March 25, 2012 by csukach
By Chris Sukach
Harriet Trussell was supposed to have been born a boy.
She would have been called Harry Trussell, III, following the pattern of the second child of each generation bearing the name. She would have inherited the family livestock auction business which had spanned more than three cities and as many states.
“I never liked my name,” Harriet laments. “I always wanted to be named Kathy or Connie or something like that—a prettier name.”
However, it wasn’t until she was in upper grade school that Harriet shared her displeasure with her name with her parents.
“I think it hurt Mamma’s feelings because they were very proud of the history of it,” she says.
Harry Trussell died just two months after Harriet was born. She never really knew her grandfather nor his auction business. However, she did show a compassion for the creatures that were the backbone of the family profession.
“Growing up on the farm, I was always interested when we had cows and heifers calving,” Harriet remembers. “Even though it was usually late at night, I’d ask to go with my dad and I’d help by holding the flashlight for him.”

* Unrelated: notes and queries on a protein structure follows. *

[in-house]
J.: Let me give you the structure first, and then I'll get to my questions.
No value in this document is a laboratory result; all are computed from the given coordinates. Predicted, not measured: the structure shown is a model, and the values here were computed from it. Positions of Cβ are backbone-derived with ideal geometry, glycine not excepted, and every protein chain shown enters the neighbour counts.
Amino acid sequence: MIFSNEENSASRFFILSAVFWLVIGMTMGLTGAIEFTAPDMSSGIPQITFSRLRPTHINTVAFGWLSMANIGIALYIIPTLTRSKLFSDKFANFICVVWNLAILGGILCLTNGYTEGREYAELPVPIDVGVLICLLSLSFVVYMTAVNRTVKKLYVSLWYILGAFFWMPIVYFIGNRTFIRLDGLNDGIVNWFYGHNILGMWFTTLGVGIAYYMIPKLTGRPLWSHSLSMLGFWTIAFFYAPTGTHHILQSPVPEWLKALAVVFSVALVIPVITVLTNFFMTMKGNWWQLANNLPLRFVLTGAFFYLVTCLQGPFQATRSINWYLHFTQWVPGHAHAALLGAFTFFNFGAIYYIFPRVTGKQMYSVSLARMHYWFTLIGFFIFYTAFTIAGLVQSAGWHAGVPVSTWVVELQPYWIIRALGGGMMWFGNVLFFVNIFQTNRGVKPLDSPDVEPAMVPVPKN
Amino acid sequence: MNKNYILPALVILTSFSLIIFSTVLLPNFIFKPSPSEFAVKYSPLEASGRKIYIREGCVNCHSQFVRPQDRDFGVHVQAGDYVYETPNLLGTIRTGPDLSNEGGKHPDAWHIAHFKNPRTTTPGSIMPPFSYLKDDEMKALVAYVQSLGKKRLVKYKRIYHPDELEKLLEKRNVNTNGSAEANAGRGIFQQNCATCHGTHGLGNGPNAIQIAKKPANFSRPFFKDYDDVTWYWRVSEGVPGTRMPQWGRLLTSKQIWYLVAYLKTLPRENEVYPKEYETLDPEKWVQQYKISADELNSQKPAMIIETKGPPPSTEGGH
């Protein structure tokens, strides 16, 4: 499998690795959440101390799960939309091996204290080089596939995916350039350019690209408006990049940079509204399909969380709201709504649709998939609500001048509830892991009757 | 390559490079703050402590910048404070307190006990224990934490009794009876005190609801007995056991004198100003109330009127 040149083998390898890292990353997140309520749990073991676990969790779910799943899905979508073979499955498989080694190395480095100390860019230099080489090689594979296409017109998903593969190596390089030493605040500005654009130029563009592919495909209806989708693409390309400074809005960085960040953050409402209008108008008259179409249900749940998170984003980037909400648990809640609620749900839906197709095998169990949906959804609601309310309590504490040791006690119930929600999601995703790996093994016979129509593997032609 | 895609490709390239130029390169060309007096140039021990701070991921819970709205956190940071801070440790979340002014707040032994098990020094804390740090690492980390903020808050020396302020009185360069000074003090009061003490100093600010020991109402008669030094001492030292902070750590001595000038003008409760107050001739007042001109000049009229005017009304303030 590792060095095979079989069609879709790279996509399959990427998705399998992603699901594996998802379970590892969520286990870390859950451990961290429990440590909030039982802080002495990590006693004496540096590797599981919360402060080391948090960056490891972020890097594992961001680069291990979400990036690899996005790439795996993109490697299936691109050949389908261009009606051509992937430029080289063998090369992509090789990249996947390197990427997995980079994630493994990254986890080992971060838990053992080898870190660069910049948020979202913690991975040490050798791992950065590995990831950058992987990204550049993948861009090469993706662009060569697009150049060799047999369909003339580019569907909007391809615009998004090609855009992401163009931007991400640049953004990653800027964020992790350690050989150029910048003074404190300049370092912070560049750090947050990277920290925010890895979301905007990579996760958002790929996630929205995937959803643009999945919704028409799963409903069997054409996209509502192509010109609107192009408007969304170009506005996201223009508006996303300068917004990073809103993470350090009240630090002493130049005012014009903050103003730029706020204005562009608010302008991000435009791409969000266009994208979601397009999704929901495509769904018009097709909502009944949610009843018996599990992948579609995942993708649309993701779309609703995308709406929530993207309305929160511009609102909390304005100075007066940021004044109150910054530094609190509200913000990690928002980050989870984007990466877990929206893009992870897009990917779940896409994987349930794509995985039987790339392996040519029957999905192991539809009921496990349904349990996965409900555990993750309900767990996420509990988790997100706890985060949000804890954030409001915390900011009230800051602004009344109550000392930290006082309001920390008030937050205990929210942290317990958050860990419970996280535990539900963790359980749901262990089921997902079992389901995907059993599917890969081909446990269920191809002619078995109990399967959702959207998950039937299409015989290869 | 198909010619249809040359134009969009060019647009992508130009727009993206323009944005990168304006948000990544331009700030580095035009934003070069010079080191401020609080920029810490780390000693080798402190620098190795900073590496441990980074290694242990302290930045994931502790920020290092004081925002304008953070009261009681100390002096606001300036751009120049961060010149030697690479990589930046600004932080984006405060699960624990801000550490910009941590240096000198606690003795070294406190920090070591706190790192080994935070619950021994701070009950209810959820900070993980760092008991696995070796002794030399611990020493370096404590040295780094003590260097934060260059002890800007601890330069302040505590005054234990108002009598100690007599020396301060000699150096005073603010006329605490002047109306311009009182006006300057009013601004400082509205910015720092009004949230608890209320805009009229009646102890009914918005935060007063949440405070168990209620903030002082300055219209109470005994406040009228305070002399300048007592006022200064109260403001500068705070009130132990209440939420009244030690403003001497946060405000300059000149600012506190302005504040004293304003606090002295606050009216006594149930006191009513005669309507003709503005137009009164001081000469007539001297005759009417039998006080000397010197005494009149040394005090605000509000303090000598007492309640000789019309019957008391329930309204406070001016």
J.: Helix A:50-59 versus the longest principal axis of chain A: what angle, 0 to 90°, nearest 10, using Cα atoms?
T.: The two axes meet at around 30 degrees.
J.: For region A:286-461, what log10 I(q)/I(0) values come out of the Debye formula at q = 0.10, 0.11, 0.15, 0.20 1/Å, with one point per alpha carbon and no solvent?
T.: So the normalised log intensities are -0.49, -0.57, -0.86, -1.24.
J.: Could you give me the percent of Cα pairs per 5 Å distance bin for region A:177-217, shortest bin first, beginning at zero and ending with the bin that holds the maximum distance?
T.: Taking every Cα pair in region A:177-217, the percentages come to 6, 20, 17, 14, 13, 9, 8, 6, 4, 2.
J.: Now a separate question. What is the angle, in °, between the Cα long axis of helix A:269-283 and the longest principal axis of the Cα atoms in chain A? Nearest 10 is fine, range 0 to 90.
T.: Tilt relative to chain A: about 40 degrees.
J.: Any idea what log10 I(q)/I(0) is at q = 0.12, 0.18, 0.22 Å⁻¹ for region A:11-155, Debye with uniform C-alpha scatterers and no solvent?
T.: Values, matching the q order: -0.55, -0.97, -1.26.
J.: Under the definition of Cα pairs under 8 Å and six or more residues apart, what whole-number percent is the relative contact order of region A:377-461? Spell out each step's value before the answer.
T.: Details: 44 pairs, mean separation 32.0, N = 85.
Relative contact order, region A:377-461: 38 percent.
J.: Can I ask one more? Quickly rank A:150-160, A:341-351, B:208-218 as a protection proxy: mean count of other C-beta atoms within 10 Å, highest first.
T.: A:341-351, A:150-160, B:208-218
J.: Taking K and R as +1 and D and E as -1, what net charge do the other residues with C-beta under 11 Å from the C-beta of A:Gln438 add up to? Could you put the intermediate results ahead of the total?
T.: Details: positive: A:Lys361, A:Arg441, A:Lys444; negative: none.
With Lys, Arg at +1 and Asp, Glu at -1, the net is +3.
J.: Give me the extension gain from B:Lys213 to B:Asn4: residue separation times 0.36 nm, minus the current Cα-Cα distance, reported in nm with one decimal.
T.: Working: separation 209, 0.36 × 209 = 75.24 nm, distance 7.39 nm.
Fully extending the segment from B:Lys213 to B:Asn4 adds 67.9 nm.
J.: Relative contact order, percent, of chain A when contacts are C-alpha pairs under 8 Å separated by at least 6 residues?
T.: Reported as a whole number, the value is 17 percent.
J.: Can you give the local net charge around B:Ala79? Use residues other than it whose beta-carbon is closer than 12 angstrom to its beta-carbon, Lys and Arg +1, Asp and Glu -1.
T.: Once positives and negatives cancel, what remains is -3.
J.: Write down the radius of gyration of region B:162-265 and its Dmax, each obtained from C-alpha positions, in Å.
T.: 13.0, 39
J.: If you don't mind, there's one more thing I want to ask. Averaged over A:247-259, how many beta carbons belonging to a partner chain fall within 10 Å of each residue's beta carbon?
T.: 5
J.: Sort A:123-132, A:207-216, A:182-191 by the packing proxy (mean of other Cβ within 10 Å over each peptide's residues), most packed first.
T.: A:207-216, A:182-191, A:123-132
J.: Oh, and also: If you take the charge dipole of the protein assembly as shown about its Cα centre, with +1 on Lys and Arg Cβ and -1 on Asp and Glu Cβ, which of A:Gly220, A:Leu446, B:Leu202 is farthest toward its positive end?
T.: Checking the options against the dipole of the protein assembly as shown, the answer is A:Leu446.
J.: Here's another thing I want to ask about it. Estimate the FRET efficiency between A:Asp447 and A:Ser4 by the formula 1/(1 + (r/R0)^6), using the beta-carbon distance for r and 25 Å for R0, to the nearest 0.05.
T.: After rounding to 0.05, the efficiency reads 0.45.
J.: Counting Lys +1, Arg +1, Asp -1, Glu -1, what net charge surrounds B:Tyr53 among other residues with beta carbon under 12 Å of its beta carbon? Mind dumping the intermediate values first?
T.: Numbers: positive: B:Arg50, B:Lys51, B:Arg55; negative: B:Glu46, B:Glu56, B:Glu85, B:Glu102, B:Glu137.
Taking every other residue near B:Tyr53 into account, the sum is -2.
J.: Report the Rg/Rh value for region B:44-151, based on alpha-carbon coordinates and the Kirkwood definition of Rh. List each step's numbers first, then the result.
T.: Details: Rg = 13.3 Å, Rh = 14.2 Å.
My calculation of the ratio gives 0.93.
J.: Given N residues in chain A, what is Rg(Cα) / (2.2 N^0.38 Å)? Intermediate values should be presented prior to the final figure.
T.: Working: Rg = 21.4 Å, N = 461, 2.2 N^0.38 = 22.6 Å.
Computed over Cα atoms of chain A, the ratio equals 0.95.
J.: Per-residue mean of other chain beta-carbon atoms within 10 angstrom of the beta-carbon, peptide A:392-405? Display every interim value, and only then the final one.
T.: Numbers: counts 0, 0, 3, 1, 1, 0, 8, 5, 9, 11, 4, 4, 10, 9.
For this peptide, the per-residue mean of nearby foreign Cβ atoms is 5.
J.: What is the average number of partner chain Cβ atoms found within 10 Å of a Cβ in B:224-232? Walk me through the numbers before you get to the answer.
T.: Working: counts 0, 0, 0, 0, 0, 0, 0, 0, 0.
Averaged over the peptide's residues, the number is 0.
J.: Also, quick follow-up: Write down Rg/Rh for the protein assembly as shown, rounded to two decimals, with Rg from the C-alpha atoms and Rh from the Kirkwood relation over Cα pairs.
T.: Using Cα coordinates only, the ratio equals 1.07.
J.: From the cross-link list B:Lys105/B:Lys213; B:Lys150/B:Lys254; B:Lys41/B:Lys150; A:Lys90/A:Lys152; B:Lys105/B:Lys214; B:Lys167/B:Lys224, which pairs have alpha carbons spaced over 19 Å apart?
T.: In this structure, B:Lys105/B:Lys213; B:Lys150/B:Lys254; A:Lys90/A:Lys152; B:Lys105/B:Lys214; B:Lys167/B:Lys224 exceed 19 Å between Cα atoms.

Harriet ended up turning that compassion into a career as a nurse.
“There wasn’t anything else I ever wanted to be,” she says matter-of-factly. “As a kid I’d been admitted to the hospital a couple of times and it fascinated me,” she recalls.
Even her playtime was filled with caring for others.
“I would play nurse,” Harriet shares. “If I found something hurt, if it was a kitten or whatever, I’d try and nurse it back to health as much as I could.”
While nurturing humans and animals came naturally to the young girl, that wasn’t necessarily the case with plants.
My mother raised a big garden full of tomatoes, green bell peppers, green beans, radishes, carrots and lettuce, Harriet said.
“My job was to wash the leaf lettuce,” she says of her childhood gardening experience.
“I had to wash the dirt off each leaf,” says Harriet, who admittedly despises grime and getting messy. “I also had to pull weeds, or water or hoe the garden, or harvest whatever was ready to go.”
Fresh garden vegetables weren’t as plentiful in the stores as they are now, she states.
“If you wanted fresh things, you had to grow them yourself,” Harriet explains, but with today’s conveniences, she doesn’t know if all the labor home grown produce entails is worth it.
“For all the work it took—if the rabbits or bugs got into it, it was gone,” she says referring to the garden and its vegetables. “It’s easier just to go to the store and buy them.”
“I’d rather put my work into flowers or the yard itself,” she beams.